Street Fighter
When was the last time you saw an automatic car smoke the manual drive competition on a road race circuit? Well, it probably was smoking from the overheated transmission fluid. It's no secret that manual transmissions dominate the road race and autocross venues and are also quite popular at the dragstrip. Our reason for the swap into our '66 Mustang is for all of the above, and the general fun-to-drive factor that comes with a clutch.

Project Street Fighter Mustang started out as an inauspicious '66 coupe whose body panels concealed a straight-six auto-driven drivetrain. The rest of the car was as stock as the powerplant. Over the months, we've been updating it. You may have caught the Chassisworks front and rear suspension overhaul and the big, bad Smeding 427 Windsor build. Keeping with the hard-core road race theme, we wanted to back the small-block with a manual transmission.

When it came time to choose a transmission, we wanted something modern that required minimal modification to the floor and other related components. We knew manual transmission swaps were something Keisler specialized in. They've got several options when it comes to GM, Ford, and Mopar conversions. In our particular case, we wanted something that would fit under the floor without modification. New to Keisler's lineup is their T45-RS Perfect Fit kit. Keisler has modified this late-model Mustang transmission to withstand more power and more abuse than the stockers. They also adapt the transmissions to use a Toploader bolt pattern to make it easy to adapt to standard bellhousings. If you're doing an automatic-to-manual swap, then Keisler supplies a bellhousing to use. We needed everything, and that's what our kit included. They also have T45-RS PerfectFit kits for popular GM models.

First to mate to the engine is a Ram billet steel SFI-approved flywheel. The clutch assembly also came with Keisler's new Pro Touring series clutch disc and pressure plate. This combination is aimed for street use, but is definitely capable of holding the power our Windsor puts out. It's a ceramic material disc that is good for 650 hp, well higher than the engine produces. The clutch is actuated by a hydraulic throw-out bearing. We wanted to use their hydraulic setup because of its compact design and modest pedal effort. The kit contains a Wilwood master cylinder with a remote reservoir that uses the factory clutch linkage hole that is on every Mustang, thanks to Keisler's billet firewall adapter. The transmission's modifications by Keisler makes it much more driver friendly because they've fixed some of the issues this model is notorious for, like the shifter popping out of gear when in reverse.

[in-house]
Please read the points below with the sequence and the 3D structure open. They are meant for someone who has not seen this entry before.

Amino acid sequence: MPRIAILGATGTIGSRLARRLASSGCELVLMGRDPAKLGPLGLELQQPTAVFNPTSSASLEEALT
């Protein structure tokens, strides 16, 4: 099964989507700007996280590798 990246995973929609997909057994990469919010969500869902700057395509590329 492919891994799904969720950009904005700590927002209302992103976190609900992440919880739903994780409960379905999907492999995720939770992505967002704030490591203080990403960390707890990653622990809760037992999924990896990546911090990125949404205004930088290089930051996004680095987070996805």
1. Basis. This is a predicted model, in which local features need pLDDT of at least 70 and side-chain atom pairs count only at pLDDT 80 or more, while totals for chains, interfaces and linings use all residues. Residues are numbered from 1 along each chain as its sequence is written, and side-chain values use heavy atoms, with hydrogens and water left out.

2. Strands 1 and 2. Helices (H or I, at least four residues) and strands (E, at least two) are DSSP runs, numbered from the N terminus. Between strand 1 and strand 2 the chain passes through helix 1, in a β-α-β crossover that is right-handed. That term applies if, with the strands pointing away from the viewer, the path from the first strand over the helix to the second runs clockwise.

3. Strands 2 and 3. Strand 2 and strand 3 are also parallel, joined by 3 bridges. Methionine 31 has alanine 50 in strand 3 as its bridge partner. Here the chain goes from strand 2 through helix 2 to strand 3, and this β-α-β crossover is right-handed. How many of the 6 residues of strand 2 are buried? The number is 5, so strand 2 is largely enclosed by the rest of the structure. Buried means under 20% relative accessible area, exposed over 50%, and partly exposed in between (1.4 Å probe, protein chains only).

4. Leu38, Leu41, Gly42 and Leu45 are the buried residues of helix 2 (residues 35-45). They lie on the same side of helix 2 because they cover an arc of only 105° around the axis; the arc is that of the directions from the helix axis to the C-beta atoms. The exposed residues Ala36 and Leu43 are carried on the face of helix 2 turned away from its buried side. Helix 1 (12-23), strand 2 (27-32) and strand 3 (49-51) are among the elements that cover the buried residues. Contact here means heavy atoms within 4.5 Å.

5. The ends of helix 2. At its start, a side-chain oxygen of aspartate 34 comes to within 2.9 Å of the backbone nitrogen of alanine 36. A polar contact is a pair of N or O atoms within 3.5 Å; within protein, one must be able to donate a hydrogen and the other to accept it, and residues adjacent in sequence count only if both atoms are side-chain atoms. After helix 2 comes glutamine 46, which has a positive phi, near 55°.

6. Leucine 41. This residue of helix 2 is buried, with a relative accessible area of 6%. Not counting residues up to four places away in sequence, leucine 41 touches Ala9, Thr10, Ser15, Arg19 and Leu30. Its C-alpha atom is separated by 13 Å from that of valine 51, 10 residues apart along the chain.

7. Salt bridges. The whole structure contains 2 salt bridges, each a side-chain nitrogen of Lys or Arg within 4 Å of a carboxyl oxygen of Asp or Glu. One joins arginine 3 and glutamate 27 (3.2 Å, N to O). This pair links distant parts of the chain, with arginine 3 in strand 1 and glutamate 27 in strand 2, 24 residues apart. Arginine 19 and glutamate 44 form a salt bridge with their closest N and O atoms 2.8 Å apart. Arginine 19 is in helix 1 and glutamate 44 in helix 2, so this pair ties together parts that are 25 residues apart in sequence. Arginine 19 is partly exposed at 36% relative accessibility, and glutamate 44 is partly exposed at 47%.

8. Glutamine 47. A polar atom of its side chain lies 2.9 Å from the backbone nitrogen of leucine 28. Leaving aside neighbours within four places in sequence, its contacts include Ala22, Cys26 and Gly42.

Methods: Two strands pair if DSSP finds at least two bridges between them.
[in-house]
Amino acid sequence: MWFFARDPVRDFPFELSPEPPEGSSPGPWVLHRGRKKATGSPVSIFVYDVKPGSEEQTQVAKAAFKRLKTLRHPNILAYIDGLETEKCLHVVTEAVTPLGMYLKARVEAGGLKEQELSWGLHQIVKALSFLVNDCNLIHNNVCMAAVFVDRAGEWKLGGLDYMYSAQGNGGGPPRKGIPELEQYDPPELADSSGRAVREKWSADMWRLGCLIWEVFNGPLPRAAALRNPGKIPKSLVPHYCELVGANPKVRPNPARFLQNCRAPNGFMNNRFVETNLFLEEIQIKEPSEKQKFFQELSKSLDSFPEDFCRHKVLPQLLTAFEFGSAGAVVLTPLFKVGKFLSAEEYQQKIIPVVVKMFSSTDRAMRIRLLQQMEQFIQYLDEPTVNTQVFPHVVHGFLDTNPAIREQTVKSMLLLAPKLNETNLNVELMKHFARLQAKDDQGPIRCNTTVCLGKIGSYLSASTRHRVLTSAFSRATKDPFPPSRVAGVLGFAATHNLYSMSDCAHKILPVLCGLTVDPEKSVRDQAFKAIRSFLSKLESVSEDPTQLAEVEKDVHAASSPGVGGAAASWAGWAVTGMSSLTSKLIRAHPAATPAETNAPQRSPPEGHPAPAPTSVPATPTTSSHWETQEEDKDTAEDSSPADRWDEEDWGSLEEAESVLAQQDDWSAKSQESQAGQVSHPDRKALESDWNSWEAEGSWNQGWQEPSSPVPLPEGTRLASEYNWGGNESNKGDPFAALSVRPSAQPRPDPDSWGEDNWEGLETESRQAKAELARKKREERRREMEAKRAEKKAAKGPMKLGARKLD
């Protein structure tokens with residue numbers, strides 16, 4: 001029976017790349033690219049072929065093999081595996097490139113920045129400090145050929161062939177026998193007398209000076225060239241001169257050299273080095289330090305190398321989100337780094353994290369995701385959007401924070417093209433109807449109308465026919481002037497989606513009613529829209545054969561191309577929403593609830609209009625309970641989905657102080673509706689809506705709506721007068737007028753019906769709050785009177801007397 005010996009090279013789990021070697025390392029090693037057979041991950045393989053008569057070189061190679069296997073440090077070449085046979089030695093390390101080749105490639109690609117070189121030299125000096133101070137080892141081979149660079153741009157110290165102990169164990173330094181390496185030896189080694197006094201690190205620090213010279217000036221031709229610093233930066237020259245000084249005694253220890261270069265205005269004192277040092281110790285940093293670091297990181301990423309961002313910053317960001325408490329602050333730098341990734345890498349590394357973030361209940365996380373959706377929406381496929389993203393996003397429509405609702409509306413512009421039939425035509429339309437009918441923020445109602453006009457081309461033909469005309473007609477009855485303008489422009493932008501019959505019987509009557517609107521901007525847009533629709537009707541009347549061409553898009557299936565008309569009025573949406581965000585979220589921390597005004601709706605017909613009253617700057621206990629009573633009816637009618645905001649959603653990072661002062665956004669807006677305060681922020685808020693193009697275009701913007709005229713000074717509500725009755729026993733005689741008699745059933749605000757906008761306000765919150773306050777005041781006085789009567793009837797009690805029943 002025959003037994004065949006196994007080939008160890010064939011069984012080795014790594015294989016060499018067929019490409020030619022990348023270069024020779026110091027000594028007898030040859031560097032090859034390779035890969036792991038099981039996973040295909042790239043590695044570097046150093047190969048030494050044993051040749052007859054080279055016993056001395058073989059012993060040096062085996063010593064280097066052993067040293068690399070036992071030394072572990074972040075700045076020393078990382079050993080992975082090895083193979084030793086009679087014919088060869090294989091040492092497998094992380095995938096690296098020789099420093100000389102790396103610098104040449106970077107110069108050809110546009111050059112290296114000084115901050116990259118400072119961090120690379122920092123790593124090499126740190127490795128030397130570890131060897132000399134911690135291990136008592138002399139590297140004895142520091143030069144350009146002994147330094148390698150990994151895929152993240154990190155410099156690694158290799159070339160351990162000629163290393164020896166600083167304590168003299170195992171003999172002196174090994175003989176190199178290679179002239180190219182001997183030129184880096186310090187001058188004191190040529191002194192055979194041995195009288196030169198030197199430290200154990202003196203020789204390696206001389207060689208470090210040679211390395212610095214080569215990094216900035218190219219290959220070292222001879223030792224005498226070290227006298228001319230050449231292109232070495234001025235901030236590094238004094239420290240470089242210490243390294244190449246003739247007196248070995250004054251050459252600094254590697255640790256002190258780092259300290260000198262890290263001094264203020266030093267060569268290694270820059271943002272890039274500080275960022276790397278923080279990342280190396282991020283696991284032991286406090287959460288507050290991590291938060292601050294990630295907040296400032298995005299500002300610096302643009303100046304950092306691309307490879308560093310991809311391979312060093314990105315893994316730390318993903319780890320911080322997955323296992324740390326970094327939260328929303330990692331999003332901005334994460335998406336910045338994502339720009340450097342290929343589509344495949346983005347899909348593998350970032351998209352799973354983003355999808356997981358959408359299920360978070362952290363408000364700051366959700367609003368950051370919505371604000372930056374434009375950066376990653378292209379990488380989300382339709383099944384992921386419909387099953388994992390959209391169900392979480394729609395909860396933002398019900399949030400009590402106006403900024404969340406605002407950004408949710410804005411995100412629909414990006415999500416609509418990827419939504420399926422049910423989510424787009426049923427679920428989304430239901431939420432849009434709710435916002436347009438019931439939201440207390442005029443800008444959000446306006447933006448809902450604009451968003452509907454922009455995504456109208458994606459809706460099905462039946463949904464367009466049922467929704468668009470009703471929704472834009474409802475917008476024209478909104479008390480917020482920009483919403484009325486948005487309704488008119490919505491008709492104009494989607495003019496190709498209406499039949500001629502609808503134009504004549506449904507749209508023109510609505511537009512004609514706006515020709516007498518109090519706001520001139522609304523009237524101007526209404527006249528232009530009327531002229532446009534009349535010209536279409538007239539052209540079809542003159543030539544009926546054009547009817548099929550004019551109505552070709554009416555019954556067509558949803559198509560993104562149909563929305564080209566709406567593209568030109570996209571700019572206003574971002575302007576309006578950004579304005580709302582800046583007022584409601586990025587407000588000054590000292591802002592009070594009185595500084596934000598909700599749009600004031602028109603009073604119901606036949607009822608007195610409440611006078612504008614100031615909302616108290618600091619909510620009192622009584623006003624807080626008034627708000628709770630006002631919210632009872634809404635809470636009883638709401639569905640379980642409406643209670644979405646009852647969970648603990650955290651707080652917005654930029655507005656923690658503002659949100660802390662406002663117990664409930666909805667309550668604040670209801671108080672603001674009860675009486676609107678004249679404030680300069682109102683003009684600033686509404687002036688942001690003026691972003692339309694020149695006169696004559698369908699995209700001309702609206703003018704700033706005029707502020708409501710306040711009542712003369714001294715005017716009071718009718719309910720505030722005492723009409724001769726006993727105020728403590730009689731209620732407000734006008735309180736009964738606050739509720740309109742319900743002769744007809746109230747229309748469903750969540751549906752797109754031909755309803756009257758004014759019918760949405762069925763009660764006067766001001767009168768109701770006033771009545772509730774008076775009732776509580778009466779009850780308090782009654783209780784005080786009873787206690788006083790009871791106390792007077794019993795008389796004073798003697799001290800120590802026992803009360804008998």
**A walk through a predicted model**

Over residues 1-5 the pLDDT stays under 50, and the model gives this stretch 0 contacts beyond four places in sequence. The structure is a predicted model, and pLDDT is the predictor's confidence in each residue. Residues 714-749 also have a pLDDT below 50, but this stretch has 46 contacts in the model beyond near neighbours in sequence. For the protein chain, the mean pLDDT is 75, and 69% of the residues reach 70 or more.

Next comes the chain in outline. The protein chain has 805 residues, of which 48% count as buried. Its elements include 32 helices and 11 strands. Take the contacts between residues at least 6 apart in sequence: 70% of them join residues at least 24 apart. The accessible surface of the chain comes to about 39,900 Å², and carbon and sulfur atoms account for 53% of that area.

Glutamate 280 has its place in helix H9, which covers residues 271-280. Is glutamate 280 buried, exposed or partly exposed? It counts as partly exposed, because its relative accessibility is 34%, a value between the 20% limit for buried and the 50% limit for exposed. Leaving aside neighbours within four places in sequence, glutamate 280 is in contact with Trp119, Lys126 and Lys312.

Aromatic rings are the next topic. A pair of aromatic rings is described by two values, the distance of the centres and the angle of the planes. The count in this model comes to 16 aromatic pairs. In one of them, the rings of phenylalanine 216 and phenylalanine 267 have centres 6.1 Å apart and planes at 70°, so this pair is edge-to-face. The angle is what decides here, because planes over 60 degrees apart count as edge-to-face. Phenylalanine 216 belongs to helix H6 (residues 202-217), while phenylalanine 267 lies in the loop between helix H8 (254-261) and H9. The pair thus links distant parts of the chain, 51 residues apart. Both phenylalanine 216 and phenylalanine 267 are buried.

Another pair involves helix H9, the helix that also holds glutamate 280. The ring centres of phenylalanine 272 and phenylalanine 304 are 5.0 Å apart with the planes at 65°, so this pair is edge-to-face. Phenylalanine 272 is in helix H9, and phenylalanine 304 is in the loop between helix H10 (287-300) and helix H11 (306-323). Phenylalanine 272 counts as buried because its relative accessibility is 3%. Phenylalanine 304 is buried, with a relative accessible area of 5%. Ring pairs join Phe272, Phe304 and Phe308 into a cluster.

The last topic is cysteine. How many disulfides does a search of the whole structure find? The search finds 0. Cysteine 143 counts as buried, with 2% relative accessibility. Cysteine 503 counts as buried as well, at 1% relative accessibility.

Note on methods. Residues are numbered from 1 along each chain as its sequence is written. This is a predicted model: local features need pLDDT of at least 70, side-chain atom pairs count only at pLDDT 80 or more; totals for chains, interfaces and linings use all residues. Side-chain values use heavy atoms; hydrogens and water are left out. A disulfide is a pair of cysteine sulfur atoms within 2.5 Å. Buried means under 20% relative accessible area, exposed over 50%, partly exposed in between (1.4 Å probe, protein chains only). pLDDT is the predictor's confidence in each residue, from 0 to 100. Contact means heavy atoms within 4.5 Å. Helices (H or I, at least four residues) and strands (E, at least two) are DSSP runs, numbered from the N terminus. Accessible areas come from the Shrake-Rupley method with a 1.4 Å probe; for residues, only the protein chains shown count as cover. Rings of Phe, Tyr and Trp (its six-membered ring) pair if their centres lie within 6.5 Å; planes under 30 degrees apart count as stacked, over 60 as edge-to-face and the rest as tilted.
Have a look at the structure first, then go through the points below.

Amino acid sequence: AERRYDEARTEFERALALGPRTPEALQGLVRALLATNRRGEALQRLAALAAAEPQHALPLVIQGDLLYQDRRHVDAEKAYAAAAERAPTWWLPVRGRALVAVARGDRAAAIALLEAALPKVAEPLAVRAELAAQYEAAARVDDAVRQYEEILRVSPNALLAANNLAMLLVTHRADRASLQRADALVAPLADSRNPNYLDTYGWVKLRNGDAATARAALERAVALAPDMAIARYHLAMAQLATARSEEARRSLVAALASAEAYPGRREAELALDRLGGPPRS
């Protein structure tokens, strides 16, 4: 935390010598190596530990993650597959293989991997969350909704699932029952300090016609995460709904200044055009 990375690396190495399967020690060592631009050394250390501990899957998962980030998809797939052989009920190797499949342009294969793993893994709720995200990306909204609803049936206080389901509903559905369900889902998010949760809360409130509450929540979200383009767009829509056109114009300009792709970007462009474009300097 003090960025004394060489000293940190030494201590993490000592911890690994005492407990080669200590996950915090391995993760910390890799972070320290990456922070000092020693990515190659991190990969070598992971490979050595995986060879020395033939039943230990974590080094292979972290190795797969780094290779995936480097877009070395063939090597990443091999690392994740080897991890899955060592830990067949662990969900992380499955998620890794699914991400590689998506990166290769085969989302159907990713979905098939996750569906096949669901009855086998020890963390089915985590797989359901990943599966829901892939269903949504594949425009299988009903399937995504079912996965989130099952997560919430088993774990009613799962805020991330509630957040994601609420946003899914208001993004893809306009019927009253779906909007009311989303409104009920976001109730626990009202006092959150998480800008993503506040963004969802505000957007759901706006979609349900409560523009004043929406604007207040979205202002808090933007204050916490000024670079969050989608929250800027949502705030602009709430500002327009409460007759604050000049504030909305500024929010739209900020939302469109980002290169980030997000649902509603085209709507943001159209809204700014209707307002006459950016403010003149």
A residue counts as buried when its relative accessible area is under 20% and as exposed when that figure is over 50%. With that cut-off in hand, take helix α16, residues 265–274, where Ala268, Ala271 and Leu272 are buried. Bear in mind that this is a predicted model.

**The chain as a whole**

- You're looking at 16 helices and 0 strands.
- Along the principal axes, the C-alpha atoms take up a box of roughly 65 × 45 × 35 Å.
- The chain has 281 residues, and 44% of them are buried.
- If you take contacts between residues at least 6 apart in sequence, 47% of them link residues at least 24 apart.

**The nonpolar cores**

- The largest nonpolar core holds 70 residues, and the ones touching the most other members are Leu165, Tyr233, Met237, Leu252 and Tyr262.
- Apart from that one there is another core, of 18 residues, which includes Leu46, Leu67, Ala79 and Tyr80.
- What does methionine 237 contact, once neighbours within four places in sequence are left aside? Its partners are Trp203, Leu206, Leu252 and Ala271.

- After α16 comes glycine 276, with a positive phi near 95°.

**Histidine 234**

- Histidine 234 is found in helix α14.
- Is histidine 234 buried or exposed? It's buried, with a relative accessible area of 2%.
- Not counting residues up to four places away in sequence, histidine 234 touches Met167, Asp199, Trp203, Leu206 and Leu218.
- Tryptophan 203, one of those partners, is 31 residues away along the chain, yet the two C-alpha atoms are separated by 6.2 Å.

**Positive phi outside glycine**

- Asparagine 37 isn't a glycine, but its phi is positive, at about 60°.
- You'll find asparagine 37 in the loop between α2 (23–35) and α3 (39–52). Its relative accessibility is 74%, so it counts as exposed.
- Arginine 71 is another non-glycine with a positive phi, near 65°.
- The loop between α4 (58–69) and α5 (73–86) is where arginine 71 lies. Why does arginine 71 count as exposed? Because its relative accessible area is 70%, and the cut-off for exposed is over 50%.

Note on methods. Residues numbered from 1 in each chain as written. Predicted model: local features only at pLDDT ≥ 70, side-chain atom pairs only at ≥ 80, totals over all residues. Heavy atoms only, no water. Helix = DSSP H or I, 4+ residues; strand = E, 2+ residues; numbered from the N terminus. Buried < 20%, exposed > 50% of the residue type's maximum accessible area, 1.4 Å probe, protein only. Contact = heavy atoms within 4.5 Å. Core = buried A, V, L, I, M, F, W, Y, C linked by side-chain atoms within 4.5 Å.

The transmission crossmember greatly improves the strength of the old Mustang's floor, while giving the tailshaft some place to rest. It's made of mild steel and powdercoated black for a clean look. The crossmember doesn't require floor modification to fit, but it does have two sets of bolt holes to improve rigidity across the tunnel. You will have to drill these holes out to match the crossmember's holes. There are two other places that need some modification, but they are extremely easy. The transmission tunnel has a support that hangs down about an 11/2 inches that needs trimming, and also the shifter opening needs to be adjusted. Keisler includes templates for all these cuts, so don't worry, there's no guessing. They also offer the option to keep the shifter hole in the same place, and to modify the engine mount holes to aim the transmission to the shifter hole. We're using Chassisworks motor mounts that were just too pretty to cut, and the amount to remove around the shifter was minor.